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A Chat with Sue Hanley: Reigning Queen of SharePoint Governance

Last week I had a few minutes (literally) to catch up with Susan Hanley at SPTechCon. Sue is one of three authors (with Scott Jamison and Chris Bortlik) of “Essential SharePoint 2013”, now on its third edition.  Sue is a bit of an enigma.  Her appearance is that of a composed, somewhat reserved lady, but once she starts talking, boy is she animated!  You are immediately aware that you're in the presence of someone who is hugely passionate about SharePoint.

For those familiar with Microsoft code names (where’s the encyclopedia of MS code names when you need it?), Sue began working with SharePoint back when it was called “Tahoe.” At the time, she was leading the Knowledge Management program for a global consulting firm fully committed to a collaboration suite based on Lotus Notes. It was then that Microsoft showed up on the doorstep.

Our local Microsoft team came to present “Tahoe” as an alternative. All I can say is – I wasn’t impressed! In 2000, I left to work at a small consulting firm called Plural (later acquired by Dell). It had been named the top Microsoft partner in 1999 and so we were “all Microsoft all the time”. I led the Portal and Content Management consulting practice and represented Plural, and later Dell, on the Partner Advisory Council for Portals at Microsoft. We deployed some very early portal solutions based on SharePoint 2001 and many content management solutions based on CMS, which eventually became part of the SharePoint family.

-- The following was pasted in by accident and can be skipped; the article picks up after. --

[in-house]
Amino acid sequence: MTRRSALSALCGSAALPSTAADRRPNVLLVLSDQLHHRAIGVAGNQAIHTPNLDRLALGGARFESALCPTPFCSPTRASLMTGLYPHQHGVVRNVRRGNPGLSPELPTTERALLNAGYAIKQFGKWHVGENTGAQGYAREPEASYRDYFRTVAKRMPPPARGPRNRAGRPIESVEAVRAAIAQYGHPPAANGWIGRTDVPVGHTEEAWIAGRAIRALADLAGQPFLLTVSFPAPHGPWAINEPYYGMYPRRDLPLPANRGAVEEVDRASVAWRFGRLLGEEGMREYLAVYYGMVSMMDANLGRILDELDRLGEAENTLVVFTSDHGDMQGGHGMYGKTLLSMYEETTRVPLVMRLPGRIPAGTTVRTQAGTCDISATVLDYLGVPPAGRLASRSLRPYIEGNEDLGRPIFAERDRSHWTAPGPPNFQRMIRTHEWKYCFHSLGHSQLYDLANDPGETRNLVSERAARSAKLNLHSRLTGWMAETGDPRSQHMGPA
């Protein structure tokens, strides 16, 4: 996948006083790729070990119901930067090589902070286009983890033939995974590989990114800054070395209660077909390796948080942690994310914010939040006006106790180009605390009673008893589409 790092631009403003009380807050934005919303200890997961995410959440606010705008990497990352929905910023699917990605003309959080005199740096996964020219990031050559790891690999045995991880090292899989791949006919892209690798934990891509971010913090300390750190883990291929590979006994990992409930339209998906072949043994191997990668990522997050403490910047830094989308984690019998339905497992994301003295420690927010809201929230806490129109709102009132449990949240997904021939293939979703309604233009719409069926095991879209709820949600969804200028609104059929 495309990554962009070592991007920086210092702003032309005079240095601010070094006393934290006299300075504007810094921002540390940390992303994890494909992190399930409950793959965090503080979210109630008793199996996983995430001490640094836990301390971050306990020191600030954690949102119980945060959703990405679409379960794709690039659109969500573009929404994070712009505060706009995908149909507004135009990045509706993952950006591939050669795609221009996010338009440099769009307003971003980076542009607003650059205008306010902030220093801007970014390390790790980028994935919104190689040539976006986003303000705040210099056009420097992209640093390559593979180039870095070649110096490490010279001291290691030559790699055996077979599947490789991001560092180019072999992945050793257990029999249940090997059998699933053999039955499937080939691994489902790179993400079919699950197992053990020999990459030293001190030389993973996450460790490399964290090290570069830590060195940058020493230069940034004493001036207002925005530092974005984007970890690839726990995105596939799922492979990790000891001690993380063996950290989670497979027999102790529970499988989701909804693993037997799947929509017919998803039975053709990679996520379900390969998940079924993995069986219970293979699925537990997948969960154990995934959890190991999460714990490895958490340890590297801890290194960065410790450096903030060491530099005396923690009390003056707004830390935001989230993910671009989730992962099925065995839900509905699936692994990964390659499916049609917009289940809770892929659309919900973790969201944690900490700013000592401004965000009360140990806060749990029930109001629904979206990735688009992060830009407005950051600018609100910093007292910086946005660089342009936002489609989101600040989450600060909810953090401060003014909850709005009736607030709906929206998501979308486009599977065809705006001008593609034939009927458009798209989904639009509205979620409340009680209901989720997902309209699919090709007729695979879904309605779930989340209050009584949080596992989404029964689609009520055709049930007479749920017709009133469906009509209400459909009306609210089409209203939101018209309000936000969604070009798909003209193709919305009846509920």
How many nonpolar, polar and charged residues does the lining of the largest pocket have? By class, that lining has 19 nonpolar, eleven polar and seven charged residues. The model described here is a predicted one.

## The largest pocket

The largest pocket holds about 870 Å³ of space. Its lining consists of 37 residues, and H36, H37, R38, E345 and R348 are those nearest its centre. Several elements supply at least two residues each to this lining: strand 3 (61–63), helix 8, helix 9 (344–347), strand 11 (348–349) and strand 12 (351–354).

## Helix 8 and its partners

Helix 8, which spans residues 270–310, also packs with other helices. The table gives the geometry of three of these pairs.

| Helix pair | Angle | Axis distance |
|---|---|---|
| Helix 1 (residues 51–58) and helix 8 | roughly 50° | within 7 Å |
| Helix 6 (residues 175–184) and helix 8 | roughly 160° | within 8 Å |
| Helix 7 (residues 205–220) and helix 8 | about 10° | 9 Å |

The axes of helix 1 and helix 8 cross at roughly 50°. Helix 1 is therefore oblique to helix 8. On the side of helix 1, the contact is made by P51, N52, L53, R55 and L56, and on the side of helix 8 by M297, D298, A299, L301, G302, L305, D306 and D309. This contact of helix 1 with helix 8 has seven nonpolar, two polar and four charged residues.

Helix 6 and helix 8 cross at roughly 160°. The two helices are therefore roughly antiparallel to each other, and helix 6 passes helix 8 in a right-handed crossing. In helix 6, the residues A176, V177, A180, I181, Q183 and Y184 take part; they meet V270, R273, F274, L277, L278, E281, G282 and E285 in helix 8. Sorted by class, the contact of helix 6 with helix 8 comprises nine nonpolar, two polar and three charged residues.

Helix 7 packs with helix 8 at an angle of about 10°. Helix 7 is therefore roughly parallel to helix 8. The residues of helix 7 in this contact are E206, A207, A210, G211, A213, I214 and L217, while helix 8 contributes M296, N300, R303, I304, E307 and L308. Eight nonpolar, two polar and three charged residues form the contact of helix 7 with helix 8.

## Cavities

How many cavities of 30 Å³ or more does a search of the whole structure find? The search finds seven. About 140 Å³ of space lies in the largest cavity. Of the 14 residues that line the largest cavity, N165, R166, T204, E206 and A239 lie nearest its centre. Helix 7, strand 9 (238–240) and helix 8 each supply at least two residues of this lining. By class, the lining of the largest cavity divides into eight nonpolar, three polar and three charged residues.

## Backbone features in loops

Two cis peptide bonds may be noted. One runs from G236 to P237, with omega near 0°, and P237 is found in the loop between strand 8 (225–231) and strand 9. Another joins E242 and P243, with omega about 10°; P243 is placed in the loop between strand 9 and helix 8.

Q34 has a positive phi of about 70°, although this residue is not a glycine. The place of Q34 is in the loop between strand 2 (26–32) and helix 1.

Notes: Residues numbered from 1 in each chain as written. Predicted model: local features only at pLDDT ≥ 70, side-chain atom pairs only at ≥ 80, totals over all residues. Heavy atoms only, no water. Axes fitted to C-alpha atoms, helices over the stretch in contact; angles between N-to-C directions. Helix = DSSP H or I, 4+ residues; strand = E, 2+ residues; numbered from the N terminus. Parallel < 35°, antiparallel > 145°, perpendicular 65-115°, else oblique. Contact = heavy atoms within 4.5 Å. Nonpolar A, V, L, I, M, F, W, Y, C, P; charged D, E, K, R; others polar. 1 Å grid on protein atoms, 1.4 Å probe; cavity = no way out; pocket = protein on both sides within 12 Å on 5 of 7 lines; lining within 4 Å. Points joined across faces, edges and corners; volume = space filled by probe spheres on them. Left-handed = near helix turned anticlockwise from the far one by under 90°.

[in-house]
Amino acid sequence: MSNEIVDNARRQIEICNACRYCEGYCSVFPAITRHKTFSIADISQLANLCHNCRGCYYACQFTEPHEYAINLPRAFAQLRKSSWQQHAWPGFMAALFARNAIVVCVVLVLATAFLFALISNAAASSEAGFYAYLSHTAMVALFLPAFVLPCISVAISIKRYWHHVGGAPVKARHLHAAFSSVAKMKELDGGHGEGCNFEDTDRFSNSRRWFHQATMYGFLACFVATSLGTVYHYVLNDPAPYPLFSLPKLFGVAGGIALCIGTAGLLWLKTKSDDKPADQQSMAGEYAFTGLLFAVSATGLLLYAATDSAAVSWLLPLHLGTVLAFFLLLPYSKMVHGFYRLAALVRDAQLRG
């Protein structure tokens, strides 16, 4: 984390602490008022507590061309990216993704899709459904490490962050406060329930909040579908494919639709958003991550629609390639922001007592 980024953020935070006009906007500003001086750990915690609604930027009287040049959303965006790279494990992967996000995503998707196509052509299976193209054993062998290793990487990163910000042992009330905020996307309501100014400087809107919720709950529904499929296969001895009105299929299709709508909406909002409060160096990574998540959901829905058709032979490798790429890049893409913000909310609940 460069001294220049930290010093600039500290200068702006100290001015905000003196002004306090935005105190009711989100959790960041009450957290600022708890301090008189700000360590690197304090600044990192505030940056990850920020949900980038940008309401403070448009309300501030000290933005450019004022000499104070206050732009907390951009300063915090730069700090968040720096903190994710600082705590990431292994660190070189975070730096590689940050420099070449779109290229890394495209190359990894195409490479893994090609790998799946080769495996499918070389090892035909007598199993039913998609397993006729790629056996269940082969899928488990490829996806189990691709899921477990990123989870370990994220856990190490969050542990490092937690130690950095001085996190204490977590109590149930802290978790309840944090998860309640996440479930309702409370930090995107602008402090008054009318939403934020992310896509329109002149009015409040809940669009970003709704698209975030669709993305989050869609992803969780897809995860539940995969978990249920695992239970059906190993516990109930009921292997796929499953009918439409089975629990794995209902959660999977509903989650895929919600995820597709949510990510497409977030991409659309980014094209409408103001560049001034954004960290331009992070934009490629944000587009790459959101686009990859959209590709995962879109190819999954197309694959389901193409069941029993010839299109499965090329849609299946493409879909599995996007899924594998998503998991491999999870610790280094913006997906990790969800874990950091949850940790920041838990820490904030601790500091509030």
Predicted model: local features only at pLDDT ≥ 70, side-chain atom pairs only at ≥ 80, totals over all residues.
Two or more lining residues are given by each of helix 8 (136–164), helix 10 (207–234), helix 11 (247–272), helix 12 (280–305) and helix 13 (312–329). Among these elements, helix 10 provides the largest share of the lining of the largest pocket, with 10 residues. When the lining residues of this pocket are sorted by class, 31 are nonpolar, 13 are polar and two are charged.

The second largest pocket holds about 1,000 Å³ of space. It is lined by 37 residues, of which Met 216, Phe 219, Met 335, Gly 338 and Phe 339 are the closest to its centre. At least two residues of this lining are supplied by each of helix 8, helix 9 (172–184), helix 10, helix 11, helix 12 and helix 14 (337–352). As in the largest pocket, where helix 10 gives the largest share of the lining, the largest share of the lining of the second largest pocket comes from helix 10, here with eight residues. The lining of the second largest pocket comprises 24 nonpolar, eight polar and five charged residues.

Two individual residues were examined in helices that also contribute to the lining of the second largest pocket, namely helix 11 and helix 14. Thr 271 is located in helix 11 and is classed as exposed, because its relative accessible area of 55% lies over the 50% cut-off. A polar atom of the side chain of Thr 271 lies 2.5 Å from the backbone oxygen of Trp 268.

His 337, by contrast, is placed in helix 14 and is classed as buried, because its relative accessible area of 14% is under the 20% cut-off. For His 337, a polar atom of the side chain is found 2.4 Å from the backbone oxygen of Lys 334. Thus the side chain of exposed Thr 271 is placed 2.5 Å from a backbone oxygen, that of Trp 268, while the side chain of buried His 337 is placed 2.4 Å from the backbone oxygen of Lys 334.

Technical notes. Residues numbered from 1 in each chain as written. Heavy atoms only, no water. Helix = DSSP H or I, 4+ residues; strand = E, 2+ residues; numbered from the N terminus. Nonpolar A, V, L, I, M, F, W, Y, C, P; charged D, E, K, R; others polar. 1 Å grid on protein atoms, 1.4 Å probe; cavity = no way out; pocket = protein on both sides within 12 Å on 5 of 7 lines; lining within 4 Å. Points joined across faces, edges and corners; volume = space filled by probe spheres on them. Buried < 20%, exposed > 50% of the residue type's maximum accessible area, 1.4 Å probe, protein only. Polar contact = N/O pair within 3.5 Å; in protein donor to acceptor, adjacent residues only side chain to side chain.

It was all over for Sue...SharePoint hook, line, and sinker! By the end of 2001, her practice was “pretty much exclusively based on SharePoint.”

Fast forward to SPTechCon 2013 and we find Sue presenting on the topic of "Creating a SharePoint Governance Plan", a topic near and dear to her heart.  I asked her about why governance is such an important aspect of working with SharePoint. Her response:

I could write a whole book chapter about why governance is so important for SharePoint (oh wait, I did!) but to put it most succinctly: governance for SharePoint solutions are the people, processes, and policies necessary to ensure that your SharePoint solution meets both short- and long- term business goals, including those that may be required for legal or regulatory purposes. Without clear business goals, a governance plan is really meaningless. Without a governance plan, it’s virtually impossible to achieve your business goals. So basically, governance is important because it’s required to achieve business results.”

When "Essential SharePoint" launched last week at SPTechCon, I asked her about her experience writing the third edition, nearly a complete rewrite of the previous edition.

“I feel like we’ve all learned so much about what it takes to deliver successful solutions with SharePoint that I had a lot to say – and so did they! So far, the reaction has been very positive. Many, many people have told me that their copy of the “green book” has been extremely helpful. We’re hoping that this happens with the “purple book” – and to make it possible for our readers to re-use some of the content in their own governance and training plans, we’ve published in the Appendix online.”

Finally, as someone who has watched SharePoint evolve, I wanted to know what new feature (or two) she was most excited about.

“It is almost impossible for me to narrow it down to just two, but my clients are finding the new Community Site template with the engaging new Discussion List incredibly valuable. Unfortunately, there are a few “issues” with the template that I hope will get fixed soon. The new discussion list creates an incredibly engaging way to share and exchange ideas for communities of practice and technical support forums (and a bunch of other business scenarios) and we are seeing some really incredible exchanges in the early adopters. Another new feature that I think provides incredible value is search. I personally love the document preview capability, which makes it really easy to scroll through a list of results and quickly identify if you have found what you need.”

Sue said she could go on and on about the features (of course she could!) but I did only ask her for two.